I am a bad Southerner.
Most southern foods, I do not like. This includes fried okra, green bean casserole with those crispy onion things on top, sweet potato casserole, honey-baked ham… and deviled eggs.
However, a wedding shower on Easter weekend with Southern-themed food all but requires deviled eggs be served. I had to suck it up and learn (quickly) how to do deviled eggs right.
Round 1 was a spicy version that I sort of liked. More proof that if you make anything spicy, I’ll eat it.
The family shot it down. Mom reminded me that not everyone likes to have their mouth on fire, and that most people like a traditional “like your momma made it” deviled egg.
Traditional isn’t something I do well, but I did compromise. I ditched the heat, opting for a caper and chive version. That with some mustard and plenty of mayo made for a flavorful yellow filling. A little lemon zest added a brightness that shouldn’t be skipped.
These eggs were the first thing to go at the shower! Even with a double batch of the recipe, they were gone in an hour.
Who knew 48 deviled eggs could be eaten so fast?!
I learned that the most challenging part about deviled eggs is the hard-boiling and peeling of the eggs. After couple of “oops” moments, I’ve found the perfect technique. If you follow the recipe below, I promise you will have easy-to-peel hard-boiled eggs, free of that icky grey color.
Chive and Caper Deviled Eggs
- 1 dozen hard-boiled eggs
- 2 T dijon mustard
- 1/4 C + 2 T mayonnaise
- 3/4 tsp dry mustard
- 1/2 tsp salt
- 1 tsp freshly ground black pepper
- 3 T minced fresh chives, plus additional for topping
- 3 T capers
- Zest of 1/2 large lemon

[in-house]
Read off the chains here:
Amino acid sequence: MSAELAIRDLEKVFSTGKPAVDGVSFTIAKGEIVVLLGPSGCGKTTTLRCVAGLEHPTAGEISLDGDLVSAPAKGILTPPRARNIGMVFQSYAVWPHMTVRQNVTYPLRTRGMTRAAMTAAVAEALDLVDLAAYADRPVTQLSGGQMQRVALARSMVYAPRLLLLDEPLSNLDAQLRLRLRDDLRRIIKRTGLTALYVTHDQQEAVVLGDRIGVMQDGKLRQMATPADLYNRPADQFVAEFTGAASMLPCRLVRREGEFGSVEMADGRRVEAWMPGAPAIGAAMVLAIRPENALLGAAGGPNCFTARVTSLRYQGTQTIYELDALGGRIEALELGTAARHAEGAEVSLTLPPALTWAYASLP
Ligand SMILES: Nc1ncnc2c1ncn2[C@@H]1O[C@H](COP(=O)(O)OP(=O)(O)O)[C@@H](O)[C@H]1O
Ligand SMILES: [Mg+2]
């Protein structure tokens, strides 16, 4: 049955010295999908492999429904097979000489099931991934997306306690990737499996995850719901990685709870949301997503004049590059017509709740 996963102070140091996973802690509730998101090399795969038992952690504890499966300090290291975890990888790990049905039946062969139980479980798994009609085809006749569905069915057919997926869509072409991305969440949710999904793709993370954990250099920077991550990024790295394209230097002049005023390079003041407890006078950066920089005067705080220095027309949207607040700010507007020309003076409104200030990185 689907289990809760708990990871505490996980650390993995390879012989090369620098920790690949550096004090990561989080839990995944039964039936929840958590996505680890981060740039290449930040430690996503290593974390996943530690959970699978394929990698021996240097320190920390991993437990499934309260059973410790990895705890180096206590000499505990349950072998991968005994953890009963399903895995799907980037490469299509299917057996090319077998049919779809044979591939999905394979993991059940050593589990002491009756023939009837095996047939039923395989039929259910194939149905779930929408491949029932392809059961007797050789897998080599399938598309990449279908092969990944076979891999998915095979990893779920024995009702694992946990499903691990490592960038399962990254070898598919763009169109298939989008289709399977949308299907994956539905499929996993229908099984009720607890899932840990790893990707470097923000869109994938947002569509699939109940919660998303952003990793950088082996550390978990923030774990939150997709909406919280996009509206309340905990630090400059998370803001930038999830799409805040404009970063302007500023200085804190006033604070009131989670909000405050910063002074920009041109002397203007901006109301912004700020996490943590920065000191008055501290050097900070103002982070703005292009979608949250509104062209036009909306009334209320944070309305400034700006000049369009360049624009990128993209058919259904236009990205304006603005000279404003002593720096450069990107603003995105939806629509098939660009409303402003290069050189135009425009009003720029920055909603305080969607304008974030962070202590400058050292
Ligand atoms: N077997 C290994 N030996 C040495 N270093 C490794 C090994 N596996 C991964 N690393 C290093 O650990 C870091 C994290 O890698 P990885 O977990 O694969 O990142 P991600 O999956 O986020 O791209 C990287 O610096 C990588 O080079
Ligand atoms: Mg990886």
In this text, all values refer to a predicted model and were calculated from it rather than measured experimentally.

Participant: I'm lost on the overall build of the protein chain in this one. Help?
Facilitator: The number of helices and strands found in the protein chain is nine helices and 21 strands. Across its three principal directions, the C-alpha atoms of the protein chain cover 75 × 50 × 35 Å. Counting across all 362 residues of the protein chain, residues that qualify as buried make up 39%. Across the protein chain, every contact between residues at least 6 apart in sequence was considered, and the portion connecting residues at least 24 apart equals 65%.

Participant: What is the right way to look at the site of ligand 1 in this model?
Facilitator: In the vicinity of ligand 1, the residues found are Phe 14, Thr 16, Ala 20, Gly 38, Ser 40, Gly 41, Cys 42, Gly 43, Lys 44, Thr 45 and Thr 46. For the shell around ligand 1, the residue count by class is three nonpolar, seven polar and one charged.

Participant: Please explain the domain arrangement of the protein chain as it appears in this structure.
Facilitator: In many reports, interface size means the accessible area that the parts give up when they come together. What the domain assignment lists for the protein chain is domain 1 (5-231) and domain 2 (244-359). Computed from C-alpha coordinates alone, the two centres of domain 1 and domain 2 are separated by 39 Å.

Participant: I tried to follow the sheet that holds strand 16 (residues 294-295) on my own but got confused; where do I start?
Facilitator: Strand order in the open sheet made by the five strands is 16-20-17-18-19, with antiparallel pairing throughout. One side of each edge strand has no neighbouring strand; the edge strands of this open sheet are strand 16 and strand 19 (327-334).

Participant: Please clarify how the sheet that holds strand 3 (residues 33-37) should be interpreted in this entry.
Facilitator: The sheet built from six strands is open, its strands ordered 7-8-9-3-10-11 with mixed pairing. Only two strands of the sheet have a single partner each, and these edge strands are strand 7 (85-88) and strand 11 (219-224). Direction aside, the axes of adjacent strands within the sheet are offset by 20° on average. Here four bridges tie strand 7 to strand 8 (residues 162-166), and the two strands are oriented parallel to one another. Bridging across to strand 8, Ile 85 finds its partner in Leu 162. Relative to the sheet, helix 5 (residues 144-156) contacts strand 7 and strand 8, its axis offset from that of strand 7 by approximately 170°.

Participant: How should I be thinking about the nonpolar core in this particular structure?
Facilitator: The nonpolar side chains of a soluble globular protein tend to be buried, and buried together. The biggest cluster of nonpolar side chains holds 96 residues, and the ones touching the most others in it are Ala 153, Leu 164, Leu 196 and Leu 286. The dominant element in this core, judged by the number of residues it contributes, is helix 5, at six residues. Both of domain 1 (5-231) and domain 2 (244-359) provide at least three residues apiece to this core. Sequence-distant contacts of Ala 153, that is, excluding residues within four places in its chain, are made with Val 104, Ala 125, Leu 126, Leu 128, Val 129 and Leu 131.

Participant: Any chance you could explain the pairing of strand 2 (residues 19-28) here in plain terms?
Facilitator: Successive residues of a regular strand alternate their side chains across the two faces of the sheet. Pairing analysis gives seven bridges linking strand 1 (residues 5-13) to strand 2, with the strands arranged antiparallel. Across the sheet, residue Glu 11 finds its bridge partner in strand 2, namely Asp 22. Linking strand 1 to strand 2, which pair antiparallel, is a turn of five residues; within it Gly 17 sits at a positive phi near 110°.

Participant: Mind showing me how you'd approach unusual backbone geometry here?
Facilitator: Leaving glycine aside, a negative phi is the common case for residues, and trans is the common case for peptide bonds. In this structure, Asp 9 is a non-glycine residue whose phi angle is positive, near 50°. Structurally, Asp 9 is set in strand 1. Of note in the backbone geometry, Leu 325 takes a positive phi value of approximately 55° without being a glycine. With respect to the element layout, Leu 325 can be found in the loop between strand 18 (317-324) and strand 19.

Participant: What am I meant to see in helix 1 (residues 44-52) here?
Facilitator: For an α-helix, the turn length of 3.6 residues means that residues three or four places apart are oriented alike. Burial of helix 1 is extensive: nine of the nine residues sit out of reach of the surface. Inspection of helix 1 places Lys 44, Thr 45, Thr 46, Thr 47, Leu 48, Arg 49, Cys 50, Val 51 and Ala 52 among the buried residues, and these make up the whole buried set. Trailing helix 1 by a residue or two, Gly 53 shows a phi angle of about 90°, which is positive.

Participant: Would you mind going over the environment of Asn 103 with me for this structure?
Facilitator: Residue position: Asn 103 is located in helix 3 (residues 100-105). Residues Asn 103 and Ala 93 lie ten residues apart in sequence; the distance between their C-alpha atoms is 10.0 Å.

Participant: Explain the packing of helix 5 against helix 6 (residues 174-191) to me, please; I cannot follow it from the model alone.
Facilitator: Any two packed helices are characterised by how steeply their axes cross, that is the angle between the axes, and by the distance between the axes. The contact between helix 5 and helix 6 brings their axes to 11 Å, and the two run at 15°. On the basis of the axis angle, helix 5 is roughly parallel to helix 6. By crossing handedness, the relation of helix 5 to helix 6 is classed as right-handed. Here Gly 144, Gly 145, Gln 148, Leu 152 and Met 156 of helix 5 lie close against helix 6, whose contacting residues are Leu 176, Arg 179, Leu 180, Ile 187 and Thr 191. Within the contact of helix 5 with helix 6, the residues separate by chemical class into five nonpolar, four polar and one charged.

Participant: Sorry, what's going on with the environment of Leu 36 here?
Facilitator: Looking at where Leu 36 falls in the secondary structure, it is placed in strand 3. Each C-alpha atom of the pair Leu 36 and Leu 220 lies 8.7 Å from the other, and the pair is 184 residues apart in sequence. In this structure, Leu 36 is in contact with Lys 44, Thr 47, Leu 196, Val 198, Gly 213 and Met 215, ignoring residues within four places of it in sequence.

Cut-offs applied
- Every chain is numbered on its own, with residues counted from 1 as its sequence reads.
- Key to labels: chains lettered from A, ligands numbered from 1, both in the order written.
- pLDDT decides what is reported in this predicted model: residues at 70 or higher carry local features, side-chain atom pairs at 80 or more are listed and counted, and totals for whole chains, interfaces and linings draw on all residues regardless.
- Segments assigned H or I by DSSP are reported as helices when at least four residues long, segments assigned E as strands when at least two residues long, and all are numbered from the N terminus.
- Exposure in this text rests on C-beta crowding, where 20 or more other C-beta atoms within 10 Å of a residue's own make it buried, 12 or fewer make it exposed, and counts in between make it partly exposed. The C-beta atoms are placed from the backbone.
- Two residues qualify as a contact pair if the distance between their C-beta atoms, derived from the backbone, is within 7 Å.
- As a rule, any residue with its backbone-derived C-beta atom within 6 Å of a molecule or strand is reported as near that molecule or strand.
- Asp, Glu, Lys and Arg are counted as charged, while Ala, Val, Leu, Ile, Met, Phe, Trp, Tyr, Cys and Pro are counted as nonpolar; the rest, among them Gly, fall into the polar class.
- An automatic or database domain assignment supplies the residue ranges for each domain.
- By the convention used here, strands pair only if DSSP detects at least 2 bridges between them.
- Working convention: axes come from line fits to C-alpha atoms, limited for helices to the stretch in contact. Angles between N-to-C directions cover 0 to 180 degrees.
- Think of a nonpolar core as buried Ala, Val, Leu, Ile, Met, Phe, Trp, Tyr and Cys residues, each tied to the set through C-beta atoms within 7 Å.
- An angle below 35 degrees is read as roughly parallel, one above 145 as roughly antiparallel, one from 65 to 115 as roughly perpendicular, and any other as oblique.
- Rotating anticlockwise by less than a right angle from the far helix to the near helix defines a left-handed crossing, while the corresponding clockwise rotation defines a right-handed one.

- Smoked paprika, for topping
Place the eggs in a large pot and add just enough cold water to cover. Salt water and bring to a boil. Once the water is boiling, allow to cook for 30 seconds. Remove the pot from the heat, cover, and let stand for 15 minutes.
Remove the eggs from the pan and place in a bowl of ice water until cooled (5-10 mins). Roll each egg on the counter, applying moderate pressure in order to crack. Carefully peel the eggs, getting just under the first thin layer of membrane. Rinse as necessary to remove any remaining shell bits.
Cut the eggs in half length-wise. Remove the yolks and place in a medium bowl, mashing with a fork until yolks are as smooth as possible. Set the whites aside.
***At this point, I placed the whites in a baggies with paper towels to be assembled the next day. Everything was fine refrigerated overnight***
When you are ready to assemble eggs, add the remaining ingredients to the yolks. Using a fork, mash together until the mixture is smooth and fluffy.
Place yolk mixture in a plastic baggie. Cut the tip off of the baggie to pipe into whites (you can also just spoon it in). Pipe or spoon 1 heaping teaspoonful of the yolk mixture into the cavity of each egg-white half, mounding it slightly. Arrange the filled eggs on a plate and sprinkle with paprika and remaining minced chives.
Serve immediately, or cover and refrigerate for up to 6 hours.
Serves 20-30. (Can easily be doubled.)
I did try one… and they weren’t bad for deviled eggs. I do love mac and cheese… that one is coming tomorrow!
Is there a “traditional” food from your region/culture that you don’t care for?
What one dish did/would you HAVE to have at your wedding or wedding shower?